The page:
The knowledge and capacities developed by students are transferable across sectors and regions, making their skill-set mobile and flexible within a globalised job market. Graduates of the programme will have key research and practice skills which will equip them to pursue careers in a wide range of fields, including conflict resolution, human rights, community and economic development, social justice, psychosocial interventions, education, law, social work and politics among others. Development and humanitarian organisations, in particular, are increasingly recognising the value of employing staff with a strong understanding and knowledge of conflict resolution and peacebuilding issues, particularly given the prevalence of tensions and conflict in developing countries. The knowledge and skills gained during the MSc. in Peace and Conflict Studies also has applicability and desirability for employers within the public and private sector, particularly in the areas of negotiation, mediation and conflict resolution.

Attendance

The MSc takes one calendar year. You will normally be expected to attend class for 4-5 hours on two days a week during Semester One (Sept- Jan) and Semester Two (Jan - May). Students conduct their dissertation during Semester Three (June - Sept). The programme will be supplemented with seminars and lectures by visiting academics and practitioners, as well as field visits.

Start dates

  • September 2019
How to apply

Modules

Here is a guide to the subjects studied on this course.

Courses are continually reviewed to take advantage of new teaching approaches and developments in research, industry and the professions. Please be aware that modules may change for your year of entry. The exact modules available and their order may vary depending on course updates, staff availability, timetabling and student demand. Please contact the course team for the most up to date module list.

In this section

Year one

Foundations of Peace and Conflict Studies

Year: 1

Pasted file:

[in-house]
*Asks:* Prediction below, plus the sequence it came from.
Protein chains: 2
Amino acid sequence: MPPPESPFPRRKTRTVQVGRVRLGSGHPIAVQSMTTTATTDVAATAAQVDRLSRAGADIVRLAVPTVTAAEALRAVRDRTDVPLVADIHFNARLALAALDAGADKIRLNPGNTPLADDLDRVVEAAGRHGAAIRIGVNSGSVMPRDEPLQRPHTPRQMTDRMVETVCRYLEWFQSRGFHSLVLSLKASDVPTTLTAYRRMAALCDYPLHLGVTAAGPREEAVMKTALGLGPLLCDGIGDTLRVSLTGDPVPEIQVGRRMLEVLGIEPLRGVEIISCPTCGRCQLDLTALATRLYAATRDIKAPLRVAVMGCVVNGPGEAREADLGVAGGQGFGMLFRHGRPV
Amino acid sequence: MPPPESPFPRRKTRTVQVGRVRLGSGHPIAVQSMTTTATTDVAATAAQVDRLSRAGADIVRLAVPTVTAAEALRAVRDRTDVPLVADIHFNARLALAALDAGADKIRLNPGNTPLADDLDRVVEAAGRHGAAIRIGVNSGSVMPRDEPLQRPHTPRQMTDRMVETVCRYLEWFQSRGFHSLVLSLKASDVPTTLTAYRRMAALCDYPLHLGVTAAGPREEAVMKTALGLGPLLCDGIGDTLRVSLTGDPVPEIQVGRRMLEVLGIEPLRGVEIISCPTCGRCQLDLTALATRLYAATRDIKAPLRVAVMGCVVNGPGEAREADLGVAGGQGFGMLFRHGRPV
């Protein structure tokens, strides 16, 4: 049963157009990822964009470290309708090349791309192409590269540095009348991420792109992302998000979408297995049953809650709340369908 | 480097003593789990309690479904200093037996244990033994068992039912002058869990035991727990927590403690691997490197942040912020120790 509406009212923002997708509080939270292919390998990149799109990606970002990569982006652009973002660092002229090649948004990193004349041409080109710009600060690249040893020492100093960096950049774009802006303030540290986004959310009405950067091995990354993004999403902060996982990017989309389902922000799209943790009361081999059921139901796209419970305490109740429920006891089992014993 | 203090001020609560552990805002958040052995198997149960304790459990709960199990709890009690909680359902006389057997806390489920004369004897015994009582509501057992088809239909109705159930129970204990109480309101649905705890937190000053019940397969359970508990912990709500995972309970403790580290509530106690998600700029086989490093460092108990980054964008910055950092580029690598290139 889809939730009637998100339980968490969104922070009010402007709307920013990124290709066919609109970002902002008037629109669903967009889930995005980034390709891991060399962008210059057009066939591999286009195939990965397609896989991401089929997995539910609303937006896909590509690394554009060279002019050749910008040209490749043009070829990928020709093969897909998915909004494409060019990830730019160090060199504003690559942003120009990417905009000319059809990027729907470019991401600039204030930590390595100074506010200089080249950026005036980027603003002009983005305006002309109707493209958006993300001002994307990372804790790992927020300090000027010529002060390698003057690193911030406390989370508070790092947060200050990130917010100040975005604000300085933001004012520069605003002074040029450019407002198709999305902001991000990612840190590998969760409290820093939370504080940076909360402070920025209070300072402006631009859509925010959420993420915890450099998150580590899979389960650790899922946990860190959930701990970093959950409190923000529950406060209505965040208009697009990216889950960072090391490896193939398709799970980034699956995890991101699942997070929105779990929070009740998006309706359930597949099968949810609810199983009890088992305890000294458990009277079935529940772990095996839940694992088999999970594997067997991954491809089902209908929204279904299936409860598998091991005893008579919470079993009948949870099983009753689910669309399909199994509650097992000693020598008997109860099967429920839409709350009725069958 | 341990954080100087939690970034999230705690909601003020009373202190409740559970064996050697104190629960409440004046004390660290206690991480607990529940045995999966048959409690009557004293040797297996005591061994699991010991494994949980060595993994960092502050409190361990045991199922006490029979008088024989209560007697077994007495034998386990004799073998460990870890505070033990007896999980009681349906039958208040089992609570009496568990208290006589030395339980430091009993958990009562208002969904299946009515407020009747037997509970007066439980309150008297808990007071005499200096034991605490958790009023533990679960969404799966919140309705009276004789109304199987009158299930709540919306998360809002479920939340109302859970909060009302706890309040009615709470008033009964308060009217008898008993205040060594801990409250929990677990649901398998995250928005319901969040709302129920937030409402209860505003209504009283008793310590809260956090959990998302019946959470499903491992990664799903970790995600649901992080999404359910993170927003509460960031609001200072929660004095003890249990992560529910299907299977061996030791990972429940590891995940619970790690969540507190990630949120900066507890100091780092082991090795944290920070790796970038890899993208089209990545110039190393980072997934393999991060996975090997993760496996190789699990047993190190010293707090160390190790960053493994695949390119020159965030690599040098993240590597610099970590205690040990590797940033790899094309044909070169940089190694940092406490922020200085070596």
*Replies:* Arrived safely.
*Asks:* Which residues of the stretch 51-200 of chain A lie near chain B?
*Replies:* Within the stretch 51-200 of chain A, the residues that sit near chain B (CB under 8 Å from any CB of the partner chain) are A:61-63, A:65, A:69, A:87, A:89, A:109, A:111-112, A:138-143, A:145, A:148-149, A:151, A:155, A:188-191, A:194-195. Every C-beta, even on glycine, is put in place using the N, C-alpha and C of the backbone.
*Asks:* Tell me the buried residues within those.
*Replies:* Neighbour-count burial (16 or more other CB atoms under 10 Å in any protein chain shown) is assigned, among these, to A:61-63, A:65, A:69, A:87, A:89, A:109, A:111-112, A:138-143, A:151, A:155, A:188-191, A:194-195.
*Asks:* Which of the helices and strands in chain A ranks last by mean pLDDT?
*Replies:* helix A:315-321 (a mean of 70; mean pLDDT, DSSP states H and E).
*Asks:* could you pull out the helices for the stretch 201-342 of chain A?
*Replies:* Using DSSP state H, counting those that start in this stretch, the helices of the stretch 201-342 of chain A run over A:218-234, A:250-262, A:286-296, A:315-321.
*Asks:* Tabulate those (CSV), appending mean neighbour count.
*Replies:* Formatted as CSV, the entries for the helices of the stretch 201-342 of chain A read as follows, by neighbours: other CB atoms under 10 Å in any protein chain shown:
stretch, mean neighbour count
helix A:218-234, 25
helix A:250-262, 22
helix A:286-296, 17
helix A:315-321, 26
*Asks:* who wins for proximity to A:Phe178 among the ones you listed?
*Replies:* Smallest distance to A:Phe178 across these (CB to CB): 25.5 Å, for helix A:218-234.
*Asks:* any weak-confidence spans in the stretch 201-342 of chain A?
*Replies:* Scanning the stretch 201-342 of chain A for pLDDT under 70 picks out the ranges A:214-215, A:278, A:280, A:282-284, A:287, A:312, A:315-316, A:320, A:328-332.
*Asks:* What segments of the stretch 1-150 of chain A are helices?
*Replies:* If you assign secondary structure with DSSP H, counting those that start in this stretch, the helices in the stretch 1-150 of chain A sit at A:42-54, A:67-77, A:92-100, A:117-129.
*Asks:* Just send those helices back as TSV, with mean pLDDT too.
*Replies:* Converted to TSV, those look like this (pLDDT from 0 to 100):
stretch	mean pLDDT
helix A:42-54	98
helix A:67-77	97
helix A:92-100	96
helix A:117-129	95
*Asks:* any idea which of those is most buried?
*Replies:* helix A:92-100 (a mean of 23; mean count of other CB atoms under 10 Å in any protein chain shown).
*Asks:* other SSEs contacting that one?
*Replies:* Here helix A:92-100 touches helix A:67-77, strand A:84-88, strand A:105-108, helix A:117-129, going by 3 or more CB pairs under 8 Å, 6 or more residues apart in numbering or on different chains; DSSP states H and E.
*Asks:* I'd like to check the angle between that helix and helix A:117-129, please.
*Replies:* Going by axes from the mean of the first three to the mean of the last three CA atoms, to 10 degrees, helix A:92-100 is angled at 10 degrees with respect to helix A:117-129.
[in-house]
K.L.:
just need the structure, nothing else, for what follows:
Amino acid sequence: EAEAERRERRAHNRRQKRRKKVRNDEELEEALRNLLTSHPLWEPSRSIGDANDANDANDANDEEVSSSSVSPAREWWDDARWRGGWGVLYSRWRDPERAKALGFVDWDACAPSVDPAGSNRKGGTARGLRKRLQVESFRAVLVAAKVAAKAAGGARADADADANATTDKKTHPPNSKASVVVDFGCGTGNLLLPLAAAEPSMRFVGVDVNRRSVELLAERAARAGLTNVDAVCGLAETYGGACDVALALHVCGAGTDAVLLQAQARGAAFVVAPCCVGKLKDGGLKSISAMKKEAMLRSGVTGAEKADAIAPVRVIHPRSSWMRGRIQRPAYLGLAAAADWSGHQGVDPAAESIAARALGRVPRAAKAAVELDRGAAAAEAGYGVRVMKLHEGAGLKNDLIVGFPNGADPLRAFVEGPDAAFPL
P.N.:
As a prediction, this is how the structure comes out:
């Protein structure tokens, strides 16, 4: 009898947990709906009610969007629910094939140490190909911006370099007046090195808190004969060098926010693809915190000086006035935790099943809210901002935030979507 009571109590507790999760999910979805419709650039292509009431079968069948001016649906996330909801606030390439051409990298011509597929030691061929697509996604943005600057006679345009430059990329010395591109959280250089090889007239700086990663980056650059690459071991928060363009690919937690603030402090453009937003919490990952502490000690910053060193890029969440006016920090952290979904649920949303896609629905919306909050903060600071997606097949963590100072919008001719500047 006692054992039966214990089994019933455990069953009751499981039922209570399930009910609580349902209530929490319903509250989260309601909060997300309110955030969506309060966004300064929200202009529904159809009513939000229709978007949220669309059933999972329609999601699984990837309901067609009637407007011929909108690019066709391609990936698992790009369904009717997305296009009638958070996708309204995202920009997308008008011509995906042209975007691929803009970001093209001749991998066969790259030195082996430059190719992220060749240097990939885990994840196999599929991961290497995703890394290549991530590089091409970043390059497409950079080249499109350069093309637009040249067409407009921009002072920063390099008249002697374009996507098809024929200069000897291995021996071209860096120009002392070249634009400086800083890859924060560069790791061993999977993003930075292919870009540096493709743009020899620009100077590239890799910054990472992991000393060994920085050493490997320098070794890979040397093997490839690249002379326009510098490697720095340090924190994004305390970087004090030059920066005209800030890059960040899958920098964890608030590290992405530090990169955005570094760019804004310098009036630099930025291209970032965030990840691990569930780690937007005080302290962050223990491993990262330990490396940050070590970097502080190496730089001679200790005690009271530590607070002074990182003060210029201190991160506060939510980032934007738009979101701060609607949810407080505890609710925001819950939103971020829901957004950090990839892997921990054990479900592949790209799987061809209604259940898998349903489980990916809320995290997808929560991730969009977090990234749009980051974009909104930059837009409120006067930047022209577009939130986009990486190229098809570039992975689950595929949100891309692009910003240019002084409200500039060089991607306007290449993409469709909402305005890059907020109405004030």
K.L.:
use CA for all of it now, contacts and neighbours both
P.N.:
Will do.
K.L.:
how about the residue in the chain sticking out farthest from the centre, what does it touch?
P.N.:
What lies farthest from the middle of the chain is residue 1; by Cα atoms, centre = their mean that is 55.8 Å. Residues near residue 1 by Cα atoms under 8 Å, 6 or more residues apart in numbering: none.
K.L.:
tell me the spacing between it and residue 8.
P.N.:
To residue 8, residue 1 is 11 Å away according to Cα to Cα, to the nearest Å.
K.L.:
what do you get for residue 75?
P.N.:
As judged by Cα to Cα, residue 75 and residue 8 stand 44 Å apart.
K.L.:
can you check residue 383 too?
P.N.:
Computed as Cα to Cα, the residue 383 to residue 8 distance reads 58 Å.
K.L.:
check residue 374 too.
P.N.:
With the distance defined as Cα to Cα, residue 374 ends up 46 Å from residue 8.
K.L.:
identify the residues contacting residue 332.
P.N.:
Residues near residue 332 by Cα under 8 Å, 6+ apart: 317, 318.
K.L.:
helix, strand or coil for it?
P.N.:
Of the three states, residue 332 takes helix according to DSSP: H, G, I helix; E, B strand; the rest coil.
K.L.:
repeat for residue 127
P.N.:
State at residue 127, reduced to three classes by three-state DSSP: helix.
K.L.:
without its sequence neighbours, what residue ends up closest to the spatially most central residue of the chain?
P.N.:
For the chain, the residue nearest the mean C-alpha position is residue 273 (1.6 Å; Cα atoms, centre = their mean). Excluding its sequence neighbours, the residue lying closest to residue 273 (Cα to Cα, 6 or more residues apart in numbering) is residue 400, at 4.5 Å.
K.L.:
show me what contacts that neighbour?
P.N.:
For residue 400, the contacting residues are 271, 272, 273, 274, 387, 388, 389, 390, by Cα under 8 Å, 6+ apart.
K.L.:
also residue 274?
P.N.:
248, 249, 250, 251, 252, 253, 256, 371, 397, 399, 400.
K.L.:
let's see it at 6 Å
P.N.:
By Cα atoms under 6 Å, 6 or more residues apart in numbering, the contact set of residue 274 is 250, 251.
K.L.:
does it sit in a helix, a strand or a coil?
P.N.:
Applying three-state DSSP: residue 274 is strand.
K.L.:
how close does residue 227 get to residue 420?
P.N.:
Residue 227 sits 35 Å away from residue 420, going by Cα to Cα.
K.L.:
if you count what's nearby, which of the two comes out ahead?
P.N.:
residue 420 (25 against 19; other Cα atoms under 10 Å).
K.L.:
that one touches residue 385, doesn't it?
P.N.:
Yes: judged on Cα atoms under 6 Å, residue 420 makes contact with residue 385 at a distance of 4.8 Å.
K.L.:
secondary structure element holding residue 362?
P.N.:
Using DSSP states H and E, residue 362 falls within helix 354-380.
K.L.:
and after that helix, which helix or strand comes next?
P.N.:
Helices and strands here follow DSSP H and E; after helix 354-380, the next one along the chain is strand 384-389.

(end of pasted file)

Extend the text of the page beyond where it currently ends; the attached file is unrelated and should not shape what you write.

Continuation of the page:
This module will provide an advanced introduction to key concepts, ideas and debates in this field of study of peace and conflict studies, as well as introduce the student to contemporary debates and approaches to conflict analysis and intervention. Students will develop a theoretical grounding as well as the analytical skills to analyse, understand and apply different approaches and interventions in peace and conflict.

Foundations of Social Science Research

Year: 1

This module will introduce students to some of the key concepts, ideas and debates in social science research. The module will also introduce students to the main stages in the research process, the main approaches and methods and will give students a firm foundation in the basics of social research that will prepare them for other research methods modules.

Peacebuilding: Concepts and Approaches

Year: 1

The purpose of this module is to provide students with a thorough grounding of the academic field of peacebuilding and the different approaches and interventions employed within it. Drawing on a range of international examples, the student will gain an understanding of the various definitions and theoretical understandings of peacebuilding and will develop a broad understanding of the various structural, economic, social and psychological impacts which require attention following violent conflict.

Researching Conflict and Peace

Year: 1

This module will bring students to the point where they can understand the basic ethical and methodological issues involved in conducting research in divided societies. In particular the module will provide students with an in-depth understanding of key concepts across research methodologies and key issues in researching certain groups. The module will assist students in devising a research proposal and in the selection and application of relevant methods through which research questions outlined in the proposal can be addressed.

MSc Dissertation

Year: 1

This module enables students to develop and apply research skills in a 15,000 word dissertation, that rigorously explores, critically analyses, and systematically addresses a research question or issue in the interdisciplinary field of peace and conflict studies.

The Northern Ireland Conflict

Year: 1

This module is optional